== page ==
The Red Army is looking for more than a few good men. To fill the ranks, Soviet draft boards must round up about 1.5 million conscripts a year, or an average of 4,100 new soldiers, sailors and airmen every day.
And every day, the task of sating that voracious appetite for manpower grows more difficult.
In this balmy Ukrainian city 800 miles south of Moscow, for example, a low-slung, stucco building erected before the 1917 Bolshevik Revolution now houses the regional draft board. Forty-one Soviet officers work here to cull every eligible 18-year-old male from the Crimean peninsula -- population 2.5 million -- and ship them off to defend a motherland many despise and disavow.
Some draft boards have become "combat theaters of operations," in the words of Col. Gen. Grigori Krivosheyev, deputy chief of the general staff. Draft boards have been threatened, vandalized and firebombed. In some Soviet republics, draft resistance is blessed by local authorities.
The manpower demands of an army that replaces one-quarter of its troops every six months have been further complicated by an increase in legal exemptions -- college students, for example, are now excluded -- so that today only 4 in every 10 young Soviet men are subject to the draft.
Not to worry, said Col. Alexander Volkov, 44, commander of the Simferopol draft board. A hearty, large-framed paratrooper who served two years in Afghanistan, Volkov exudes a sanguine calm despite evidence that the empire is in danger of dissolution.
In the Ukrainian city of Lvov, for example, officials voted to disband local draft boards; the Ukrainian legislature decreed last summer that conscripts cannot serve outside the republic without permission, a declaration that reportedly triggered many desertions by Ukrainian soldiers; in late October, the Ukraine declared its sovereignty.
But unless Moscow's authority collapses completely, Volkov remains immensely powerful. During the spring and autumn call-ups, he and his staff decide who will be exempt for medical reasons; in which of the five services -- army, navy, air force, air defense or strategic rocket forces -- the able-bodied will serve; and where in the Soviet Union they will be sent.
As befits such clout, Volkov lives well. He is chauffeured about in a shiny black Volga sedan equipped with telephone and television, and he entertains two American guests in his spacious apartment with a feast of caviar, beef and vodka, served on fine linen and German porcelain.
"I tell the young men that the army gets you fit," he explained. "It builds you up in a way that stays with you for your whole life. It builds up your character, too. . . . Most of all, I tell them that we have a strong need for a national defense and that every citizen must do his part to protect the motherland."
Volkov declines to disclose the number of draftees from the Crimea. "Thousands" is as specific as he will get. Draft evasion, he insisted, is not a problem in his region. "Although I can't give exact figures, I can say that our levels of the draft are now roughly equal to those in the Baltic republics."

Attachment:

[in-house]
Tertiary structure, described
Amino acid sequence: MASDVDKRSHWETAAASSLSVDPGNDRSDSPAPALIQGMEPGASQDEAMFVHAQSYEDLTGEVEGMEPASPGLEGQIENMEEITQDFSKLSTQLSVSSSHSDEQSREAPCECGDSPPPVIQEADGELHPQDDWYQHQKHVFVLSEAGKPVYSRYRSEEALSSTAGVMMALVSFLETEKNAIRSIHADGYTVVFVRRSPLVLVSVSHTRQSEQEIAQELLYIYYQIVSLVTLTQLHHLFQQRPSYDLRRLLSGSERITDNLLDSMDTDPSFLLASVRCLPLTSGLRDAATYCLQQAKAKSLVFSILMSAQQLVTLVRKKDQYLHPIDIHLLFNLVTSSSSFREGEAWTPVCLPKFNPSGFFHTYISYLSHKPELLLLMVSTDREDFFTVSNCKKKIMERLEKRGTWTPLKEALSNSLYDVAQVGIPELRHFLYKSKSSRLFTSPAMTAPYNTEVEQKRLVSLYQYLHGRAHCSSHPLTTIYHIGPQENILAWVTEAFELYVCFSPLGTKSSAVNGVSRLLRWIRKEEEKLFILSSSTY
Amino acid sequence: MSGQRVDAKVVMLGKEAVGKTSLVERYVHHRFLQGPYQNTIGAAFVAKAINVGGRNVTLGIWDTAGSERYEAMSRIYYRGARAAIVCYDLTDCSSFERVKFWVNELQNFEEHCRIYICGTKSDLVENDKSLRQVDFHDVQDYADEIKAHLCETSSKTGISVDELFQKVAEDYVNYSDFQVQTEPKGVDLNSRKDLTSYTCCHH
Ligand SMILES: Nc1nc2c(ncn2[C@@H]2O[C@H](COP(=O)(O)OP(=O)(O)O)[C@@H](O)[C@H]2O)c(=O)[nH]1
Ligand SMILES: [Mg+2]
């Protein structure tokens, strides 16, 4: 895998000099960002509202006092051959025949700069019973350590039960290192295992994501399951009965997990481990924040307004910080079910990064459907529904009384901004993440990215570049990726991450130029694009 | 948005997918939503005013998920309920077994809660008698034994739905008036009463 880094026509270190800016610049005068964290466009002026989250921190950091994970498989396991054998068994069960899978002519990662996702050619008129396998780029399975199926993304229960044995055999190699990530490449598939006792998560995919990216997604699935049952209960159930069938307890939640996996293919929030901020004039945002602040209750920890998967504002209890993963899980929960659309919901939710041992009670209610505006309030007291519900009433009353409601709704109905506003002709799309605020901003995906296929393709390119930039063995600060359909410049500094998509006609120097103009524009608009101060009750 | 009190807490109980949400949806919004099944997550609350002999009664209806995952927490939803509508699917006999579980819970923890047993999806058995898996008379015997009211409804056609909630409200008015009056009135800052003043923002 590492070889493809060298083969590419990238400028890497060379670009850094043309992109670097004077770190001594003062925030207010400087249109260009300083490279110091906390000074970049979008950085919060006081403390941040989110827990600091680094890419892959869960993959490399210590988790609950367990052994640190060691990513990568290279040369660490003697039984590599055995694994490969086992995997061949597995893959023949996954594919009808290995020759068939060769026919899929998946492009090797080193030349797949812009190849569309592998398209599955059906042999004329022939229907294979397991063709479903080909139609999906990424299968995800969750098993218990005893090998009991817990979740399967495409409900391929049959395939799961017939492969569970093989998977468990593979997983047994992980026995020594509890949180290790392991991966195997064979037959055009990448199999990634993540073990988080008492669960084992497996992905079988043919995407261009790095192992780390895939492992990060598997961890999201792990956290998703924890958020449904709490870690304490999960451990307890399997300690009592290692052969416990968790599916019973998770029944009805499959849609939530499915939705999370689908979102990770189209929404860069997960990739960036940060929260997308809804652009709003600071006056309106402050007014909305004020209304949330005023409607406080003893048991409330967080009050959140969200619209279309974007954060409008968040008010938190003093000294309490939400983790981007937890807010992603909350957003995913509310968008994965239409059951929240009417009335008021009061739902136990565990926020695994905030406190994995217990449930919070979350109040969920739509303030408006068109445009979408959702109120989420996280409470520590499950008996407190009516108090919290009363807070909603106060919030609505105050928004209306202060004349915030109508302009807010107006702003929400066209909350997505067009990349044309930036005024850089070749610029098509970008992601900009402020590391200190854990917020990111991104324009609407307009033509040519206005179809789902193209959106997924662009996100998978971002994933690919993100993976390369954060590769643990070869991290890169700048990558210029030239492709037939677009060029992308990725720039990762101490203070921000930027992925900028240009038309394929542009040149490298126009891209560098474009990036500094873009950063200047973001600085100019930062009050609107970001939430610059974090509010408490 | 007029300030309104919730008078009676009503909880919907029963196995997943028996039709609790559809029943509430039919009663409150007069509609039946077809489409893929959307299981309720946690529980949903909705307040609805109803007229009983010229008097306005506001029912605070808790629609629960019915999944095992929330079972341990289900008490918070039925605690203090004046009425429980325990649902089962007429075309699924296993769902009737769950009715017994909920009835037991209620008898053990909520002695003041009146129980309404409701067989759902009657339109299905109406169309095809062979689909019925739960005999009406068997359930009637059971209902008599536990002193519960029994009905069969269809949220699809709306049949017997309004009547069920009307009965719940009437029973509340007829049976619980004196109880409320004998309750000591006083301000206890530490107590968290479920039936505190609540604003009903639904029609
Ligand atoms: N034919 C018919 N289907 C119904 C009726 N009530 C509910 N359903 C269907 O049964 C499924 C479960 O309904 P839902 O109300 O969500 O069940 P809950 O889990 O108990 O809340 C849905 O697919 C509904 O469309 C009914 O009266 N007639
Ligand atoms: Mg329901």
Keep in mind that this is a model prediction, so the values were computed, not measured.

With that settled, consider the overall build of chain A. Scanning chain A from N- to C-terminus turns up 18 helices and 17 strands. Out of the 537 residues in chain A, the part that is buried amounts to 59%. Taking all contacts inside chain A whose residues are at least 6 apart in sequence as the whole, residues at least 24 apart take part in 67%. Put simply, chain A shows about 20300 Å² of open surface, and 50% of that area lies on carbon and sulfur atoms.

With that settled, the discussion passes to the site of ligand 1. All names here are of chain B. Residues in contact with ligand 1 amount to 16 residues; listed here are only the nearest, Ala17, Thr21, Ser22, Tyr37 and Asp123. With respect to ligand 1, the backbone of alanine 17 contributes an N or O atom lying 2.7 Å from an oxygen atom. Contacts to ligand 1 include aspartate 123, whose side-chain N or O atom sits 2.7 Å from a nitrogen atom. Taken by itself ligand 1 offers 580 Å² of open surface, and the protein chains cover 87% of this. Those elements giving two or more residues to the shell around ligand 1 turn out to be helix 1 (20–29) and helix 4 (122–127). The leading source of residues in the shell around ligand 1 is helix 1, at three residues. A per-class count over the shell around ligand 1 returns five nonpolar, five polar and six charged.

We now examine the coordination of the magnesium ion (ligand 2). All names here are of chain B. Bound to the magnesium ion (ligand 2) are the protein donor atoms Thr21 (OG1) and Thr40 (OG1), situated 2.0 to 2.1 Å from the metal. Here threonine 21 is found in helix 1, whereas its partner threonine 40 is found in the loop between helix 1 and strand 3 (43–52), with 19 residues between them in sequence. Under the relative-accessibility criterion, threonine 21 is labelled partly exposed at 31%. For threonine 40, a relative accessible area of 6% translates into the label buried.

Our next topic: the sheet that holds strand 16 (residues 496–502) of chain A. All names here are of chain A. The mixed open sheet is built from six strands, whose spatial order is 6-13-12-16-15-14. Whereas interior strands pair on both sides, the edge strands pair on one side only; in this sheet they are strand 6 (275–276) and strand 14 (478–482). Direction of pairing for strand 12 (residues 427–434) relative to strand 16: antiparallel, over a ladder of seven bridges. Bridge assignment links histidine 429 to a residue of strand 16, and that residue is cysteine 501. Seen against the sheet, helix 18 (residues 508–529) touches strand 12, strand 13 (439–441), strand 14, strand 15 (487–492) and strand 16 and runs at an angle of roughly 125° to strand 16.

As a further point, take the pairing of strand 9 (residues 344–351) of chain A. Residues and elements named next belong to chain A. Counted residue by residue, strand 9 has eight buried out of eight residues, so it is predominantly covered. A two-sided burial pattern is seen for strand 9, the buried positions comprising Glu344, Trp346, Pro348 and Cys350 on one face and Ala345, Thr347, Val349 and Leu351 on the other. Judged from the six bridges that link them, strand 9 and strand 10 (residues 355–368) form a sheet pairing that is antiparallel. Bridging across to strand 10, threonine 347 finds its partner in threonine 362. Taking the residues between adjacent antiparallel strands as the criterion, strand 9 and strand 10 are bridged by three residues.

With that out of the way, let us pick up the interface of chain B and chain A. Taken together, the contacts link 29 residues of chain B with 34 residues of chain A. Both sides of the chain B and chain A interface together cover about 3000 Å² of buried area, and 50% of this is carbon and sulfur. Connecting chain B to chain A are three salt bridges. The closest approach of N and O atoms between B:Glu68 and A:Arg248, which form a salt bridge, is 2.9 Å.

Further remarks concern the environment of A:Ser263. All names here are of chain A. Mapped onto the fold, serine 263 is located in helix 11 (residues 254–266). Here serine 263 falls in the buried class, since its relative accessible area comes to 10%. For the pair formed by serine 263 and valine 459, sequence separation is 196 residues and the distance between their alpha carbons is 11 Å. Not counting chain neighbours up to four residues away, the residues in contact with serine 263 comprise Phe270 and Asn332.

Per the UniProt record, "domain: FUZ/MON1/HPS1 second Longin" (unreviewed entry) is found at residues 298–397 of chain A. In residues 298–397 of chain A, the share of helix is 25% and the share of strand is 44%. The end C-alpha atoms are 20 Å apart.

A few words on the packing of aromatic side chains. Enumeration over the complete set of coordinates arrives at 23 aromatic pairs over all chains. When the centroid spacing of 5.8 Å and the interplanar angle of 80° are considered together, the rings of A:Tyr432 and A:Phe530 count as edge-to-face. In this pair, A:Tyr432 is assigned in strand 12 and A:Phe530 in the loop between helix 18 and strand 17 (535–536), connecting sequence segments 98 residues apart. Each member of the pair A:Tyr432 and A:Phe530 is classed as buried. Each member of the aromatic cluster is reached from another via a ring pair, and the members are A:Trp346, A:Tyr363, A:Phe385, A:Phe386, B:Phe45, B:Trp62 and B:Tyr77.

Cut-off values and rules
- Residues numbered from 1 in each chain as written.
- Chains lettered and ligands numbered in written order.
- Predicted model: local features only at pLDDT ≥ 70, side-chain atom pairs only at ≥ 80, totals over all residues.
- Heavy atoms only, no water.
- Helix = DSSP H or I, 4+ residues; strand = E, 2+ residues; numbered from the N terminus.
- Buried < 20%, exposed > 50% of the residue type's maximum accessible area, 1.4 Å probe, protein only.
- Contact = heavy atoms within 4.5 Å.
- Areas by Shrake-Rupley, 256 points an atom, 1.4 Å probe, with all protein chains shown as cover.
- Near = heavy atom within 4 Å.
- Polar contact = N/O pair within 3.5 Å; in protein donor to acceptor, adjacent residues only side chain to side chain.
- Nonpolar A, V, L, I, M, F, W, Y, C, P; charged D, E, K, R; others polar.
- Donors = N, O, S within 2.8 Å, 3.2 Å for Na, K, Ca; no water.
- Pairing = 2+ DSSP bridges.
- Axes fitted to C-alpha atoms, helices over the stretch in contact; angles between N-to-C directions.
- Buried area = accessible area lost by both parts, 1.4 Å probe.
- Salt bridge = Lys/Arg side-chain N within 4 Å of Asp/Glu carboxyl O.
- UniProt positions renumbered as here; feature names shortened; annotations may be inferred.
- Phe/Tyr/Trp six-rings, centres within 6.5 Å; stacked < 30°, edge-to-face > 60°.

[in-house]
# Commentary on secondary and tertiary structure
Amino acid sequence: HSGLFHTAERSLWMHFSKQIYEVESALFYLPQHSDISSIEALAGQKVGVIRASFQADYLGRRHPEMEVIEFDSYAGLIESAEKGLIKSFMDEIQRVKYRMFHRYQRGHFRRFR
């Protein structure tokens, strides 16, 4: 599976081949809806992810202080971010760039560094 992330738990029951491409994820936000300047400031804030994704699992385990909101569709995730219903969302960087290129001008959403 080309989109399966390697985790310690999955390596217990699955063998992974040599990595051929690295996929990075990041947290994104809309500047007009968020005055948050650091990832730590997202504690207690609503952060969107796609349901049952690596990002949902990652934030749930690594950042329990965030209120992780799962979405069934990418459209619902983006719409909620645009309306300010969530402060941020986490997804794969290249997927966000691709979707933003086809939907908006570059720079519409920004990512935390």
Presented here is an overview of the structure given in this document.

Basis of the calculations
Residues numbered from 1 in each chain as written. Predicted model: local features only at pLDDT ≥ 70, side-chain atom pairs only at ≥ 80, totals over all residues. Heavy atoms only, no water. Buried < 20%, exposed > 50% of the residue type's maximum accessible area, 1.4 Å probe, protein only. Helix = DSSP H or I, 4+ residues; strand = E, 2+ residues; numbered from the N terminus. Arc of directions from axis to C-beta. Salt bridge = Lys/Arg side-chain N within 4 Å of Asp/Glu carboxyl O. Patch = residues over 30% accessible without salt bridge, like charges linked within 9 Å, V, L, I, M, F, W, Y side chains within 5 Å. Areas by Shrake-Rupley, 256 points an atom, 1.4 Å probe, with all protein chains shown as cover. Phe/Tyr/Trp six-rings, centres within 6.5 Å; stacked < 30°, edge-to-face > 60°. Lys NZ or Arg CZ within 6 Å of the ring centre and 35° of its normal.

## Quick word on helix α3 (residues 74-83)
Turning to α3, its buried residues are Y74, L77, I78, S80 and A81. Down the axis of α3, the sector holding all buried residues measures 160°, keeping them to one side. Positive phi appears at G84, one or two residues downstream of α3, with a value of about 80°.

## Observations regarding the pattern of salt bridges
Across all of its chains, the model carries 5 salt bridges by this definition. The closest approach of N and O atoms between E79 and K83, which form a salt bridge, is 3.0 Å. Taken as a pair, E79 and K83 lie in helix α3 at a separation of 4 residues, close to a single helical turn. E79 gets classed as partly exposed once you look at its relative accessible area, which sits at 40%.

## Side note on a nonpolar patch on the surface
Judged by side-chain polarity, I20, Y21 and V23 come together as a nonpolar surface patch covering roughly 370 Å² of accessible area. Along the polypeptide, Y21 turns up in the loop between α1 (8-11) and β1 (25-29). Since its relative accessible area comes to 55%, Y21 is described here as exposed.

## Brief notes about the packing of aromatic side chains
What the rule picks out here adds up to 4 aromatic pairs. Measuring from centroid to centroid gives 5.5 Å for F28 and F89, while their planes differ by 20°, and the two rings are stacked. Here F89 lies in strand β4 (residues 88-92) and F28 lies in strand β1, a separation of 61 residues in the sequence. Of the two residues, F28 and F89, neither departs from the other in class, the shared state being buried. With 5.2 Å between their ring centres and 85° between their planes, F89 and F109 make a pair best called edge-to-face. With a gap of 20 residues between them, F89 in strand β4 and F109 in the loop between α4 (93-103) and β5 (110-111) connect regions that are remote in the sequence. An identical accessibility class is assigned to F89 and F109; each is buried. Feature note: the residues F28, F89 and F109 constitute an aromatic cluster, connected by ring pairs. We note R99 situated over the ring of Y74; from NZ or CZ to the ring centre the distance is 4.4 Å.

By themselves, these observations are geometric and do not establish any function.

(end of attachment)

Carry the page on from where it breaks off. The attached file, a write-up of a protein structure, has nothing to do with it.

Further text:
The analogy is an odd one, since the Baltics are in open revolt. Half of all Baltic conscripts dodged the draft this year, contributing to a desperate shortfall in army manpower, according to the chief of staff of Soviet ground forces. Pravda reported last summer that draft evasion in 1989 had increased 24-fold in the Baltics and 23-fold in the Ukraine over the previous year.
Such problems in the active forces also affect the country's huge pool of military reserves, which will begin to evaporate without a steady flow of trained, former soldiers.
Although draft dodgers are subject to seven years in prison, relatively few are brought to trial, since the military must depend on local authorities to press charges. Even in Moscow, according to the military newspaper Krasnaya Zvezda, or Red Star, only 14 of 462 recent evasion cases were prosecuted.
"If they cannot prosecute guys who say, 'I'm not going to serve,' that's the end of the military as an institution," said Alex Alexiev, an analyst of the Rand Corp., an American think tank. "They depend on the local organs. That's the great weakness."
If resisting the military has become an expression of resurgent nationalism for thousands of young conscripts in the outlying republics, even professional officers can feel ambivalent.
"If you ask whether I am more loyal to the military, to the Soviet Union or to my motherland, the answer is easy," said Capt. Alexei Yemetz, a 28-year-old Ukrainian stationed near Lake Baikal. "I have to love the Ukraine most of all. . . . We all have to cling to our roots."
Draft authorities in Simferopol are not sympathetic. "We have a law. They have to serve," said Lt. Col. Yuri Kotov, head of the draft board's political section. "And recruits who don't want to go have to be punished."
Once, before the world turned upside down, a tour of duty in the Red Army was promoted as "a strong antidote against the infantilism and feminization of men," as a 1981 Soviet article put it.
"But now," said Nikolai Kapranov, a defense expert at the Soviet Academy of Sciences, "people have a very strong allergy to military service."
"It's becoming unacceptable to expect us to do the kind of work that we do for 10 rubles a month," or $1.67, said Valentin Pidrushnyak, 21, a seaman mechanic with the Black Sea Fleet. "In our parents' day, they could get away with it. People believed in suffering and sacrifice then. They believed that they could do everything for the glory of the motherland and get no compensation for it. That's not a good argument for our generation."
Nor for future generations. Said Natasha Bulyaev, a Moscow housewife: "The only thing I wish for my 4-year-old son's future is that he never has to serve in the army."